View of Trona Pinnalces
Views of the Trona Pinnacles

How the Pinnacles were formed
When glaciers were active between 10,000 and 100,000 years ago, Mojave Desert weather was cool and damp.  The Owens River was also swollen by melting glaciers in the Sierra Nevada Range, and this river filled a string of lake in the desert basins, including the basin known as Searles Valley.  But these desert basins were closed, having no outlet to the sea, and only overflowed from one to the next depending on the balance between river flow and evaporation from the surface of the lakes.  Therefore, any minerals leached from the rock in the drainage basin of the Owens River were trapped in these lakes.  And for much of this period, Searles Lake was the end of this chain of lakes so most of these minerals became trapped there.

As the level in Searles Lake began falling at the end of this era, the minerals in the water, a major component of which was sodium carbonate, began to concentrate.  Concentrating the minerals also made the water denser.  At the same time as the lake level was falling, ground water that had been help up by the high lake levels began slowly moving beneath Searles Lake from land to the south and west.  In the area of the Pinnacles there were long fractures penetrating the clays forming the bottom of the lake.  These allowed the ground water to bubble up through the lake waters.  Much of the ground water beneath the Pinnacles was high in hardness, principally soluble calcium salts, and still is today although it no longer flows to the surface.  When the high calcium water bubbled up through the lake water that had been enriched in sodium carbonate, calcium carbonate (more commonly known as limestone or calcite) precipitated.  This formed the tufa towers we now call the Pinnacles.  If you look closely, you can see the paths that the ground water took as it bubbled up through the pinnacles.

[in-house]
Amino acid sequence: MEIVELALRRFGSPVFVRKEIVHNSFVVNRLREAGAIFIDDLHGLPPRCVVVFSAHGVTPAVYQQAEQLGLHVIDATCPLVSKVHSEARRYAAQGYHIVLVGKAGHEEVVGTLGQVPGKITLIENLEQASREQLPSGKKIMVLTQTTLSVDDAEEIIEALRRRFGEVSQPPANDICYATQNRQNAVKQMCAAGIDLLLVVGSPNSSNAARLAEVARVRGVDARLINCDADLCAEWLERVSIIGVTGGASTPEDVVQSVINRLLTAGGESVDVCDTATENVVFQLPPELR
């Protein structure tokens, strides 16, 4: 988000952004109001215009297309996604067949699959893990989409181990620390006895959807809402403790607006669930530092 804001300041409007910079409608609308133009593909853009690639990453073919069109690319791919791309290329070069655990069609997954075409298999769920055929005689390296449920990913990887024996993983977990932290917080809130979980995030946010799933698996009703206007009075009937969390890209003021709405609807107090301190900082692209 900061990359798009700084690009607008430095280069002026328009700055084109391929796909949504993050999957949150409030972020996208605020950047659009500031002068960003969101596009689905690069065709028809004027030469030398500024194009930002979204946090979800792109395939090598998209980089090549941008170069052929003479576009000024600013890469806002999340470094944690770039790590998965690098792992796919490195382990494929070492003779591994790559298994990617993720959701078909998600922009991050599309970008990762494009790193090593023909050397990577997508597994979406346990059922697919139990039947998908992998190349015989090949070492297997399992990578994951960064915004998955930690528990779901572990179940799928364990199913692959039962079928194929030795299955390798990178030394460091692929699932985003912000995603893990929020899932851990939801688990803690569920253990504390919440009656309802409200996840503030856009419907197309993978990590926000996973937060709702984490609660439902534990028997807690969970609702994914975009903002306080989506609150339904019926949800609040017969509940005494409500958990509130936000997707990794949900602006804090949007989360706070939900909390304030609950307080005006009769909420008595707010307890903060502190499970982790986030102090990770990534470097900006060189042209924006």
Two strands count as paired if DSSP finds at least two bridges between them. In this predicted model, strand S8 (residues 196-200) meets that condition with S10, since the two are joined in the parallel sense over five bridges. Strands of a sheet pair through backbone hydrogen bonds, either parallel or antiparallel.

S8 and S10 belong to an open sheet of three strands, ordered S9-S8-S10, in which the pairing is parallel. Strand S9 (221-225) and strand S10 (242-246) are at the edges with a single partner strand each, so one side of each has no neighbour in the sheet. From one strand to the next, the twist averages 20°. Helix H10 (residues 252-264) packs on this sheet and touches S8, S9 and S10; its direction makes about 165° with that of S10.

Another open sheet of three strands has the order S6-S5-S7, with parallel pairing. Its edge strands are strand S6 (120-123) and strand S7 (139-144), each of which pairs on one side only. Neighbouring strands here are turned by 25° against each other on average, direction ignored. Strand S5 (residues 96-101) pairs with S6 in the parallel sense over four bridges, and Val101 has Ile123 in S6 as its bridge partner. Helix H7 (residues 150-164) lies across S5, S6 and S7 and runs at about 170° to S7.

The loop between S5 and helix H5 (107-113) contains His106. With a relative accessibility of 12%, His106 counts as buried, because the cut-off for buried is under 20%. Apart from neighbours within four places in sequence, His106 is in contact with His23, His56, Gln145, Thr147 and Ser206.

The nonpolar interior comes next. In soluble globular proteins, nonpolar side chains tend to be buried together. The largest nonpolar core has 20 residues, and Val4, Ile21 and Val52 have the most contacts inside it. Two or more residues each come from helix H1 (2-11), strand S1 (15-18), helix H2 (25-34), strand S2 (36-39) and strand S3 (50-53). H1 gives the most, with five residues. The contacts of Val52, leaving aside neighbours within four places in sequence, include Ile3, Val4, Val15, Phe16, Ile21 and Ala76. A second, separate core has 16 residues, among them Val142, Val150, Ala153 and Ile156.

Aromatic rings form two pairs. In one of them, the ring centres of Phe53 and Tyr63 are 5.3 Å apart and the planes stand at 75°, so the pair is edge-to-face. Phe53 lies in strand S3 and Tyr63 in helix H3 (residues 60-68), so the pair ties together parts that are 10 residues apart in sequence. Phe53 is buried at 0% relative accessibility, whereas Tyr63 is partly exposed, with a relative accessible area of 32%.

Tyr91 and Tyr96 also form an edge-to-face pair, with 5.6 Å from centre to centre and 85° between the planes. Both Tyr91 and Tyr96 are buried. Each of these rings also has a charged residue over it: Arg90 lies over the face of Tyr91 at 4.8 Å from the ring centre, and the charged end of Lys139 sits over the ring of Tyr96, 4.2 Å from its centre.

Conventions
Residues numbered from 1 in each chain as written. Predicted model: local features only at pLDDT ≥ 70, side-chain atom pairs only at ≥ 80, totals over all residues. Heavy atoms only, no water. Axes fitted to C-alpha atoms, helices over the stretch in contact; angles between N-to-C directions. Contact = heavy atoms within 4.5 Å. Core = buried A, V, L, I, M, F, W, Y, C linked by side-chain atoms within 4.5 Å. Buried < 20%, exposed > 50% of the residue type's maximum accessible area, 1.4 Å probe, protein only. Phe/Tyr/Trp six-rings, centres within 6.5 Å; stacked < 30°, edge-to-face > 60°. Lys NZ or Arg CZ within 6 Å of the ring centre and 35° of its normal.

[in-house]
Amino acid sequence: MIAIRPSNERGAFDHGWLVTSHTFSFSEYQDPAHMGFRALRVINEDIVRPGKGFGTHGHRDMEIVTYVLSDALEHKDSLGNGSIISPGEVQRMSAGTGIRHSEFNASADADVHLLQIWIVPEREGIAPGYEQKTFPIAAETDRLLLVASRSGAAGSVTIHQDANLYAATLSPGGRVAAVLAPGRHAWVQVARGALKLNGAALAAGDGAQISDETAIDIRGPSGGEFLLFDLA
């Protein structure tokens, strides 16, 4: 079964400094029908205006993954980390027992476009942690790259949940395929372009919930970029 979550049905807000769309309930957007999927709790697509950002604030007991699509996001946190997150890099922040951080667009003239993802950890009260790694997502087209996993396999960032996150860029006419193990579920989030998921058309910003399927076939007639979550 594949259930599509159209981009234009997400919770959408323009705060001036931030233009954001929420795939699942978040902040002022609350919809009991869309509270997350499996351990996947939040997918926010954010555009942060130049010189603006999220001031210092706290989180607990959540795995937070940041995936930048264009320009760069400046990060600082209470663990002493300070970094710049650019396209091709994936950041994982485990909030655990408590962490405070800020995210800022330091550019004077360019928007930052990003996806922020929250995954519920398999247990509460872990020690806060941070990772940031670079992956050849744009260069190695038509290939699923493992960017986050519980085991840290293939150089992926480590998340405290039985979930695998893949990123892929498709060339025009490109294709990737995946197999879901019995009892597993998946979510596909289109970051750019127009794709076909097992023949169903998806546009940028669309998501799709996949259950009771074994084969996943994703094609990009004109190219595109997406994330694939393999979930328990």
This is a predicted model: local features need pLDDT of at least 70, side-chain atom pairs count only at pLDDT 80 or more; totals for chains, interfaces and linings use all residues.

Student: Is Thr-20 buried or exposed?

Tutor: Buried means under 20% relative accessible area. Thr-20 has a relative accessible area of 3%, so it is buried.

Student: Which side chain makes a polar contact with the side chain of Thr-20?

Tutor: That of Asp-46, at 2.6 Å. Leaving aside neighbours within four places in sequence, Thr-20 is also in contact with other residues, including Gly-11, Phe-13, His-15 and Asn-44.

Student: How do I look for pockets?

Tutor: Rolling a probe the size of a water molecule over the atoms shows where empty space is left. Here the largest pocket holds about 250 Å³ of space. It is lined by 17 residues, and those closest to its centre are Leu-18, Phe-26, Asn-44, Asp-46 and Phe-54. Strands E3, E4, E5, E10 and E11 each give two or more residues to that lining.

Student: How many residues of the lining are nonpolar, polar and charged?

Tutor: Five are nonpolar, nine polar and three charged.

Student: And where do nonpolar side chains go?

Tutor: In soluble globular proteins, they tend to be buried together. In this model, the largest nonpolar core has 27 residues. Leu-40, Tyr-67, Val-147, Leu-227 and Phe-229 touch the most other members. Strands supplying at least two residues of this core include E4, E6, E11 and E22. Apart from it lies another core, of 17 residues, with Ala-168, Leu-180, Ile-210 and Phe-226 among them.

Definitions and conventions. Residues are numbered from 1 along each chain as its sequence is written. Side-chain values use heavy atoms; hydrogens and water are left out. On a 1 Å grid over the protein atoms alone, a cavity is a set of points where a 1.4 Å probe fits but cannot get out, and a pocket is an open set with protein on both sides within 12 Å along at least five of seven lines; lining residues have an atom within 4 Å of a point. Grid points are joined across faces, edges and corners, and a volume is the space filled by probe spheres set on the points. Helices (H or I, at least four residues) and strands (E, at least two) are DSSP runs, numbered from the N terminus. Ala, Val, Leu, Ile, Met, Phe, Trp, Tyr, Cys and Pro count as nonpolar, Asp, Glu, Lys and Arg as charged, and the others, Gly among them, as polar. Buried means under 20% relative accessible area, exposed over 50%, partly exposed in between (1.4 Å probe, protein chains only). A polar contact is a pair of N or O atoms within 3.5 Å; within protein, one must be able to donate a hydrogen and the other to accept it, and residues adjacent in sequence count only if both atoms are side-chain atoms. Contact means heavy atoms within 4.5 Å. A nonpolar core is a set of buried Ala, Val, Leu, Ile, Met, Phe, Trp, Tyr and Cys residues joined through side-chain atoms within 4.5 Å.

For an Area Description, Directions on How to Get There, and Considerations in Planning Your Visit, see the  BLM Web Page on the Pinnacles .

Go to  Local Areas of Interest

Searles Lake Gem and Mineral Society
P. O. Box 966
Trona, CA   93592-0966
Phone (760) 372-5356

Home  Site Map  | GEM-O-RAMA Site Map  |  Revised 04/24/2004

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